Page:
HS: I don’t have enough superlatives to say how much I love “Get ’Em Again Blues!” Right from the get-go, Baby Dodds’ rhythmic washboard breaks set the tone for a red-hot performance. Even though this was only a recording band, it sounds like they were a full-time working unit. The ensembles are perfect examples of New Orleans polyphony, and what marvelous solos by Johnny Dodds, Ory, Jimmie Blythe, and Natty Dominique! The rhythm section is wonderful; Baby’s simplified washboard rhythm took care of the banjo and drum parts, while Jimmy Blythe was one of the best band pianists ever and he was a world-class soloist too. Bill Johnson never sounded better on bass. I grin every time I hear the bass phrasing along with the piano halfway through the verse. It reminds me of the way Ed Garland played the same phrases as Ory and Don Ewell in the 1950s. This is a reworking of “Come Back, Sweet Papa.” I notice that on the record label, the Chicago Footwarmers were kind enough to credit Paul Barbarin and Luis Russell as the composers of “Get ’Em Again Blues!”
“Brush Stomp,” by Natty Dominique, gets a real New Orleans treatment: The last eight bars as an introduction, then the verse (played as a cornet solo by Dominique). Once again, Baby Dodds combines the functions of banjo and drums in his solid 4/4 washboard playing. After an ensemble chorus, Ory takes a great solo, full of his typical slides, smears and huff-puff style. Jimmy Blythe reprises the verse as a piano solo—no additional rhythm necessary. Johnny Dodds plays a scintillating clarinet solo with a washboard break from “Little Brother,” leading into a final ensemble. Blythe has the break, and there is no loss of steam. Dominique wraps up the proceedings with a phrase that seems to have been popular with other New Orleans hornmen such as Paul Mares.
The composer credit for “My Girl” is “Biggs.” Whoever that is, he or she wrote a good tune—though it has elements of other 1920s compositions. There are breaks for everyone and a nice duet between Blythe and Johnny Dodds (in the chalumeau register). This track is not as intense as the other two recorded on July 2, 1928, but the session as a whole was a good way for Kid Ory to put his recorded output on “pause.”
JB: Before we move on, I wanted to share some thoughts about that final tune. It has a very unusual 28-bar chorus! Despite that anomaly, the band never gets tripped up. Ory blasts that verse with vigor and the coda is really the climax of the side. Hadn’t heard this one before and it’s one to which I’ll return.
Hal, Ory seemed to all but disappear from both the recording and performing scenes after this July date in 1928. In fact, he was farming chickens during the bulk of the 1930s! Can you share insights into what happened to cause this dry spell before describing the next time we hear from him?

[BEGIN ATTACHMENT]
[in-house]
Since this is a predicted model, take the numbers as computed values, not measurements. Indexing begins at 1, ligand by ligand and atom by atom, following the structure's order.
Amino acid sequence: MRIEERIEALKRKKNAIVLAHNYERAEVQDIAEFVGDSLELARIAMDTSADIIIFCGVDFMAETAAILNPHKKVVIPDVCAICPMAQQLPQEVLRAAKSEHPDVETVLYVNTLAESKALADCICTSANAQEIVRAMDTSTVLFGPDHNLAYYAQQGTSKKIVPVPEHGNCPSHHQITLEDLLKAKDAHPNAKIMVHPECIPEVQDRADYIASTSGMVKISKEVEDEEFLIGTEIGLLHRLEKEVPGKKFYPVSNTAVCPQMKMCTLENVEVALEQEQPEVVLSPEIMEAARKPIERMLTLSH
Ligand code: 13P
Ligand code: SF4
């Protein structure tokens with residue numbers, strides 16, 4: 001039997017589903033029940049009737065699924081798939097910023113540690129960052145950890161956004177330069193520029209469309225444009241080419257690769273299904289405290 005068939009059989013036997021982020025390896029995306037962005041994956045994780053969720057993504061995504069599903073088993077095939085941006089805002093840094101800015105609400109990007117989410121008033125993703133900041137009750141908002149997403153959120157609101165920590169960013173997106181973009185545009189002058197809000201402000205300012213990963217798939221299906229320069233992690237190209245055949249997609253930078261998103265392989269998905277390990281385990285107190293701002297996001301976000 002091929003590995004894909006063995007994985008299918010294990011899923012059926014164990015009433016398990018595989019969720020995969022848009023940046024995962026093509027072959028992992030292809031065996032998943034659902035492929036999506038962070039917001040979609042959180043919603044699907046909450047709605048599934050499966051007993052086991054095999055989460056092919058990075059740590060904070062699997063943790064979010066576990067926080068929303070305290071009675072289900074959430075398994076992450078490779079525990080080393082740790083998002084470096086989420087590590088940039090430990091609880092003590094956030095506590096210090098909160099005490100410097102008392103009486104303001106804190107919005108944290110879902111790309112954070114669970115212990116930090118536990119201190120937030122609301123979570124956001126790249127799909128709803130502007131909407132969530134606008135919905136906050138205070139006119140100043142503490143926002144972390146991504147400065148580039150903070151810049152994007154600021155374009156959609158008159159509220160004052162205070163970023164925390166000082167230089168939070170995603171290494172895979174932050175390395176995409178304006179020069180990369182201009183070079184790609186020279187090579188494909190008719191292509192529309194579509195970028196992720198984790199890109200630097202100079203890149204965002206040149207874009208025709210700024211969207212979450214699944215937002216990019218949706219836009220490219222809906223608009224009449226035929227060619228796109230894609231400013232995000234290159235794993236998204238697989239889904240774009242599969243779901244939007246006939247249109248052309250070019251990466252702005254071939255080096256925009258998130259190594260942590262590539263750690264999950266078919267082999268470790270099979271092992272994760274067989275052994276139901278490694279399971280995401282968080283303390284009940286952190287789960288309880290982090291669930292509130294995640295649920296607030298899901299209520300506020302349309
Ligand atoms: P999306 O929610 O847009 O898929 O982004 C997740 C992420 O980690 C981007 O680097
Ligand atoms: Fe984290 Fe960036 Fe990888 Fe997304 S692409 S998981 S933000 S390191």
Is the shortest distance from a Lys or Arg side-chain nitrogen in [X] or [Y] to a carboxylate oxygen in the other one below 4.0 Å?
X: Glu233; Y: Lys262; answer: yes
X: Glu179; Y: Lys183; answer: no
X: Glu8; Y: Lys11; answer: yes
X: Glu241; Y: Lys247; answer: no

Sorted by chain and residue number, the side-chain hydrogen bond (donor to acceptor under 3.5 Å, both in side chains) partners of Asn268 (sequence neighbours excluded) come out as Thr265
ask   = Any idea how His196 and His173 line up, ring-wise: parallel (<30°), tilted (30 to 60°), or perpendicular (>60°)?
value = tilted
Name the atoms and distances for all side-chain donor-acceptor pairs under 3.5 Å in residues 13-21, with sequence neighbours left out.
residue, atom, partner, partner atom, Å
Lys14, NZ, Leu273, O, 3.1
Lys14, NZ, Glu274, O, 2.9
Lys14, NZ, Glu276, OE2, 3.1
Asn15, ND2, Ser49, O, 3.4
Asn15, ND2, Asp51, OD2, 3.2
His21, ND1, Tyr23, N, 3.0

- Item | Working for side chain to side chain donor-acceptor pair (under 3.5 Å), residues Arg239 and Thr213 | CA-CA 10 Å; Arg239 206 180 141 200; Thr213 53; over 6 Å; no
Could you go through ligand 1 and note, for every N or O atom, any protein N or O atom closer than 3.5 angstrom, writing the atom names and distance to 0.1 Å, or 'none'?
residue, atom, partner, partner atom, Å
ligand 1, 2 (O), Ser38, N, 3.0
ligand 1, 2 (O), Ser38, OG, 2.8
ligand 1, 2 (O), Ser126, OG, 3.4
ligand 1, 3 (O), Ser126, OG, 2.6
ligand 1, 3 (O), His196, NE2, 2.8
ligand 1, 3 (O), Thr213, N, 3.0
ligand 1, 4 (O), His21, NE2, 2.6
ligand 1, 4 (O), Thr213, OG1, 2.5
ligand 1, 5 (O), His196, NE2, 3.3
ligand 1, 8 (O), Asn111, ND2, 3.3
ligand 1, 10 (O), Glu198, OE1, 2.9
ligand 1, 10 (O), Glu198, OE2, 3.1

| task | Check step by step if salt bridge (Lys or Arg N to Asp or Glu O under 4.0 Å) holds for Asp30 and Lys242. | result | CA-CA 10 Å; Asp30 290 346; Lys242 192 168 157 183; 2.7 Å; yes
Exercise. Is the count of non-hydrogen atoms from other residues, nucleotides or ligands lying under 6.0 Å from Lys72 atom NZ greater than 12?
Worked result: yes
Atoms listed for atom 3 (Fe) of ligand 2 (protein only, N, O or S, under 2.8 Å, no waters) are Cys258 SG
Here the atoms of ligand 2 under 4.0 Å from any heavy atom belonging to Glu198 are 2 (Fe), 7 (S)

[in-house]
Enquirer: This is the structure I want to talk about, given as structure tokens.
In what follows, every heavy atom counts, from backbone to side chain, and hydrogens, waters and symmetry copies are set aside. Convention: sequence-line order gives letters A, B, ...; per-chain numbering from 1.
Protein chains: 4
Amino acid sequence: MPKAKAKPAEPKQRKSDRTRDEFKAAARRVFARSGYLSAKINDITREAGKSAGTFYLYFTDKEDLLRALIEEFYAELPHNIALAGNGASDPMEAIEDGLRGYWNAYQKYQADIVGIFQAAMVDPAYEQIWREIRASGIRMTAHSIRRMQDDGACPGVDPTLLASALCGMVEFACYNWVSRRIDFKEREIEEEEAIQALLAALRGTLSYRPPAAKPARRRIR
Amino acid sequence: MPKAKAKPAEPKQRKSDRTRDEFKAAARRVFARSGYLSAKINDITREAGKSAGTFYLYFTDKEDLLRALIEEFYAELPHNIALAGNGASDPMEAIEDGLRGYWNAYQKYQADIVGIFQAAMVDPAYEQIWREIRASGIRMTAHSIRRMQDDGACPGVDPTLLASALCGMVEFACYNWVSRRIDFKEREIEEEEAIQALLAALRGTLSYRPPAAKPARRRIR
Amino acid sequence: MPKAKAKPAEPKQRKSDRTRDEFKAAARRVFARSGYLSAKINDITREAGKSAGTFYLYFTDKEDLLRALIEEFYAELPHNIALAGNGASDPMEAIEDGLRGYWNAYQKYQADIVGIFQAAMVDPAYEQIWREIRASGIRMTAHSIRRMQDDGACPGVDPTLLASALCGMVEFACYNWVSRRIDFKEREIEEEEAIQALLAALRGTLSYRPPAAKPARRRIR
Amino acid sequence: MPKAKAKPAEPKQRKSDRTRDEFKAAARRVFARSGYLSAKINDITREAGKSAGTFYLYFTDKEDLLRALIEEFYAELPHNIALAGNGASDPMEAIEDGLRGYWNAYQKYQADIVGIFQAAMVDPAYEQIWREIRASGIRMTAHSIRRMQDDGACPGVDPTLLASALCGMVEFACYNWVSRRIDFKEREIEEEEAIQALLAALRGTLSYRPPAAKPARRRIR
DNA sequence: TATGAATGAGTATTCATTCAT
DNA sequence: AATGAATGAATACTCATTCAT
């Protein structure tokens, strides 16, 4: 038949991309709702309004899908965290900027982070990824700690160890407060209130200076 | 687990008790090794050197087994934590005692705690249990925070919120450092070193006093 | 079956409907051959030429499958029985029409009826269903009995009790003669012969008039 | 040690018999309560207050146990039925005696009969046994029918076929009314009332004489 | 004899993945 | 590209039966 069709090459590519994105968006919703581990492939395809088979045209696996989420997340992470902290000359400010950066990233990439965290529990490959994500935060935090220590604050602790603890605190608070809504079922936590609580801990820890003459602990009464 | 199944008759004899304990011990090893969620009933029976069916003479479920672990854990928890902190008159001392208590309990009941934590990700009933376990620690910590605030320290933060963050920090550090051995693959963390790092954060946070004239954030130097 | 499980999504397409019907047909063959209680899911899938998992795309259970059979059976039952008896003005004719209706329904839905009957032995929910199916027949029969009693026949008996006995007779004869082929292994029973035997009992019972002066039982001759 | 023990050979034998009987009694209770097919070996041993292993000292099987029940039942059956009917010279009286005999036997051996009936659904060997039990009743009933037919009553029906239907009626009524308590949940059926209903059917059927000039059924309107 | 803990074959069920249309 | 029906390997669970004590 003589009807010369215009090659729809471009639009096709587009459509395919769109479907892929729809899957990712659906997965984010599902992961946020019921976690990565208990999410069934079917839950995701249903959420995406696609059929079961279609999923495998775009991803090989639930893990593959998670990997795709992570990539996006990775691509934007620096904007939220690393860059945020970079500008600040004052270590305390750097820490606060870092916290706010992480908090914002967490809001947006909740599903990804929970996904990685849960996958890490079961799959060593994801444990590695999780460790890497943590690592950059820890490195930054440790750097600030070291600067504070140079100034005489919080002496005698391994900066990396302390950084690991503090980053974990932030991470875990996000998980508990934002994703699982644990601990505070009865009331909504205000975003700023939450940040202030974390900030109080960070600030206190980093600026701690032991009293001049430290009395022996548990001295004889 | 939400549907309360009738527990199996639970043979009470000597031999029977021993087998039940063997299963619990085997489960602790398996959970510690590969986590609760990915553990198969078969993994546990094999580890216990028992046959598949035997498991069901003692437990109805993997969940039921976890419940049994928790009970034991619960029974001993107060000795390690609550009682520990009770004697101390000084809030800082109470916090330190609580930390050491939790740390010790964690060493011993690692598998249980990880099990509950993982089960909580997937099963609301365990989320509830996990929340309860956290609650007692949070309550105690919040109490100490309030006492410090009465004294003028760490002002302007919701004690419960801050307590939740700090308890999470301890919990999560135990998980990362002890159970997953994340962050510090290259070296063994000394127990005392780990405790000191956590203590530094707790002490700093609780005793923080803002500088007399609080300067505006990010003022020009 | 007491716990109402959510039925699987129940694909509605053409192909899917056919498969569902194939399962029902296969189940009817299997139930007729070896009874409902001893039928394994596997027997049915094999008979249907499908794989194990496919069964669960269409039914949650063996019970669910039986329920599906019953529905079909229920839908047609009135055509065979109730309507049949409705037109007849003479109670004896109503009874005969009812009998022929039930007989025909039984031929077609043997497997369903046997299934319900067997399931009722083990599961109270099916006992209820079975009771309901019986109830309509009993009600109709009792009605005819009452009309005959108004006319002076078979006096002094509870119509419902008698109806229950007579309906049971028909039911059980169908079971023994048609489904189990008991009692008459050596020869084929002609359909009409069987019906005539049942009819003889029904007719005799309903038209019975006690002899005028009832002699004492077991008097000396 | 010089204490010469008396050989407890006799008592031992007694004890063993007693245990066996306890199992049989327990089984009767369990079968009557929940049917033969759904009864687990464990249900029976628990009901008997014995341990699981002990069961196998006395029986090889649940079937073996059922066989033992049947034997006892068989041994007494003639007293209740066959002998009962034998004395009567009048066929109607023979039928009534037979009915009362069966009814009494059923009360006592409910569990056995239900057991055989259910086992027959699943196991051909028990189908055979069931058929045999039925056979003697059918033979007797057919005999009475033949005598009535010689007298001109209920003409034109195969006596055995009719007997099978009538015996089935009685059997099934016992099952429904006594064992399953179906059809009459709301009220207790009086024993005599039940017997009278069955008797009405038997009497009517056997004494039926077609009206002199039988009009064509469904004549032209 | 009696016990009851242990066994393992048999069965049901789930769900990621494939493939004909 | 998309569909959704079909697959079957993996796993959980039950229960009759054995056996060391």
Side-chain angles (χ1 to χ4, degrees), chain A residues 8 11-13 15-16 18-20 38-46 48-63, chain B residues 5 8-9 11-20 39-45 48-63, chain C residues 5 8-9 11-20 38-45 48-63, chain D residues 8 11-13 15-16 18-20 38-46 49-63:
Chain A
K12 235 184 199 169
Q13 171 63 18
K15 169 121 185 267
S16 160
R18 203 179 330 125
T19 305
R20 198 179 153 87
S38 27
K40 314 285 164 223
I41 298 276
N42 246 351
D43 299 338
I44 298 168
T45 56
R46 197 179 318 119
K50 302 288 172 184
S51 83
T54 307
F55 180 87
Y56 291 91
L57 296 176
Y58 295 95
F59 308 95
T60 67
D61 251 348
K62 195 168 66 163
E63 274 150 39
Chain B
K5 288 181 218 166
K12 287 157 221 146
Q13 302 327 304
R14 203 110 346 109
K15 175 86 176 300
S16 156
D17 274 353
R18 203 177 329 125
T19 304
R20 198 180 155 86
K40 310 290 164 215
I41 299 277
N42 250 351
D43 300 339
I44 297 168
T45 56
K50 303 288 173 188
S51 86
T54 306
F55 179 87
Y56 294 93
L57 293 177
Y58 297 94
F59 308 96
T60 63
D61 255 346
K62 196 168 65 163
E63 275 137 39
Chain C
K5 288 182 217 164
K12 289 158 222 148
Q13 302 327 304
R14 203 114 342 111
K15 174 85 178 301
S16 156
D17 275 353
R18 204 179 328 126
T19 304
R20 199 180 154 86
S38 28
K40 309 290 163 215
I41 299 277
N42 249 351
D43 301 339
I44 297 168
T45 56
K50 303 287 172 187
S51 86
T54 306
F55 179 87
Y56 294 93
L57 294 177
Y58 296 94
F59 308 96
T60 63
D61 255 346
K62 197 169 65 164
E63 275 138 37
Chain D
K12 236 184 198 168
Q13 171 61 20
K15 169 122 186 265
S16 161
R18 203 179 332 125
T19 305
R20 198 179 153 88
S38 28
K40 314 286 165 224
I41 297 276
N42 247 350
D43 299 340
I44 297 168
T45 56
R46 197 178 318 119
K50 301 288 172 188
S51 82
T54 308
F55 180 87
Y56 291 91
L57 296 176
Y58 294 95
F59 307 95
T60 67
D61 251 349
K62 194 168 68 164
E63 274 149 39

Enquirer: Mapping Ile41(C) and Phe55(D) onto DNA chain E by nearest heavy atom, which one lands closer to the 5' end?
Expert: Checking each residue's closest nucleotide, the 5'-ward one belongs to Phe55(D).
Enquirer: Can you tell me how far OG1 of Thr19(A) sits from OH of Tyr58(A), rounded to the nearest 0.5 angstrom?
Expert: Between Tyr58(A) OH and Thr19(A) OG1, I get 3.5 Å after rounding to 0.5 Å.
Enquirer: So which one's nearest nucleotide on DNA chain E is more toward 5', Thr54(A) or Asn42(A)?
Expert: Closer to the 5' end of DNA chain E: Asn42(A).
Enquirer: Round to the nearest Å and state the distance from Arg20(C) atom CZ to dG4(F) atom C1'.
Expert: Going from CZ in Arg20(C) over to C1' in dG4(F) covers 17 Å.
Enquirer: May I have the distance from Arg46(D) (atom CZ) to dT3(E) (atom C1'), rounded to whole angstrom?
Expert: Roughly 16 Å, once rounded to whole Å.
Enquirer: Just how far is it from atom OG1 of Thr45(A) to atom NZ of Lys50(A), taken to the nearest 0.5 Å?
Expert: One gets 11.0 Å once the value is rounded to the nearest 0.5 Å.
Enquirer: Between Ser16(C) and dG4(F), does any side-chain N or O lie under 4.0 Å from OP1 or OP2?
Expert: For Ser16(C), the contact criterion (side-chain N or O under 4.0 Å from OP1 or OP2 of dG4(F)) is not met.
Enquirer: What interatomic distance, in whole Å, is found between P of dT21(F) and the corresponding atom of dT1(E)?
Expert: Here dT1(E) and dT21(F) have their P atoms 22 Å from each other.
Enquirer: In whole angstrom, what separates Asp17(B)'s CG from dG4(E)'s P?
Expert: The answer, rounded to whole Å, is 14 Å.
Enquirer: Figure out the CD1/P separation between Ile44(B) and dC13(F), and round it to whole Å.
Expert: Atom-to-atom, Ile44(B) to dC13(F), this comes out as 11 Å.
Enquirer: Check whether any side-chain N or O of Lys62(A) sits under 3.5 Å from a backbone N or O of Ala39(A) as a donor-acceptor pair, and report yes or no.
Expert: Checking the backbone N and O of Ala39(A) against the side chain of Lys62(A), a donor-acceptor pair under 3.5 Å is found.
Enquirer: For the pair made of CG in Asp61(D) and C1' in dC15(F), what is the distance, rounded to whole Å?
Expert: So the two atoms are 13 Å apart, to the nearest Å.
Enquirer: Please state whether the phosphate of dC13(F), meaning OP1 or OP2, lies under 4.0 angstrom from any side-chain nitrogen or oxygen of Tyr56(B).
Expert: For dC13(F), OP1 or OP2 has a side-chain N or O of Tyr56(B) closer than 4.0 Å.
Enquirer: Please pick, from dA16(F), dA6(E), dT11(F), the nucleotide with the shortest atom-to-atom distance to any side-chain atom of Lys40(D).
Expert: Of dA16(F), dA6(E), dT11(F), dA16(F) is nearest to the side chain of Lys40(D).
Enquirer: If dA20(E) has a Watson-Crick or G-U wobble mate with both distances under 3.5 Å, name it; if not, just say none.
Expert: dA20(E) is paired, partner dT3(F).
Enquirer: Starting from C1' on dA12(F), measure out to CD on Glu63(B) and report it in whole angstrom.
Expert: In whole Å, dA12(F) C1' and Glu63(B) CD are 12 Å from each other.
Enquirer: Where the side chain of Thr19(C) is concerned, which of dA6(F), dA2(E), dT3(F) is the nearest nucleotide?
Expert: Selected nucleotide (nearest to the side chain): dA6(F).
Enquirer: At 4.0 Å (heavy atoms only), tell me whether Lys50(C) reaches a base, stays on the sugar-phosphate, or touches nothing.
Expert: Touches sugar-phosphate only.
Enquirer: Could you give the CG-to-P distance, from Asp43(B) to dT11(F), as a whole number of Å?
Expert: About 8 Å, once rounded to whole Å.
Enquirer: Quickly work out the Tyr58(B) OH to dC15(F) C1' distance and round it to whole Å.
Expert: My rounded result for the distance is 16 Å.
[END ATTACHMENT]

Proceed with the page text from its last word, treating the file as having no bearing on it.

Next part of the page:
HS: According to John McCusker, in Creole Trombone, Ory stayed in Chicago until 1929. He was working as a sideman in a big band—not the right musical atmosphere for him—and at the same time, his wife wanted to return to California. They landed in the Golden State just as the Depression hit. Ory continued to play as a sideman for a few years, but finally gave up music for a living in 1933.
Thankfully, it was just a temporary pause to Ory’s recording career. The next time he was heard by a nationwide audience was in 1944, on Orson Welles’ radio broadcasts. Those shows, plus subsequent recordings for Exner, Jazz Man, Crescent and Columbia were the beginning of Kid Ory’s well-deserved “comeback.” Though he was primarily a bandleader from the mid-1940s to the early 1960s, Ory occasionally worked as a sideman—including a recording session with a trumpet man whose career he helped to launch. Jeff, would you please introduce us to these 1946 recordings?
JB: While the music is simple for the October 17, 1946, date which yielded three released sides, the story behind it is not nearly so, and I’ve gleaned the following summation from Ricky Riccardi’s stellar book from 2020, Heart Full of Rhythm: The Big Band Years of Louis Armstrong. These sides were recorded in Los Angeles for Victor and, besides Ory, featured Louis Armstrong, tpt/vocal/eponymous leader; Barney Bigard, clt; Charlie Beal, pno; Bud Scott, gtr; Red Callender bs; Minor Hall, dms. The musicians in this septet made these tracks shortly after filming the movie New Orleans (excepting Hall; Zutty Singleton was in the film). During the 1930s and up until 1947, Armstrong had been set up as a front man for big bands, his own included, taking him far away from his New Orleans roots. In fact, in addition to the sides he recorded with the septet featuring Ory, on this date he recorded two other songs from the flim with his big band, “The Blues are Brewin’” and something called “Endie.” The mists of time have proven the small-group sides to be superior, and indeed from the May 17, 1947, Town Hall concert on, he would almost exclusively front smaller groups, his last big band appearance being on July 17, 1947, at the Apollo.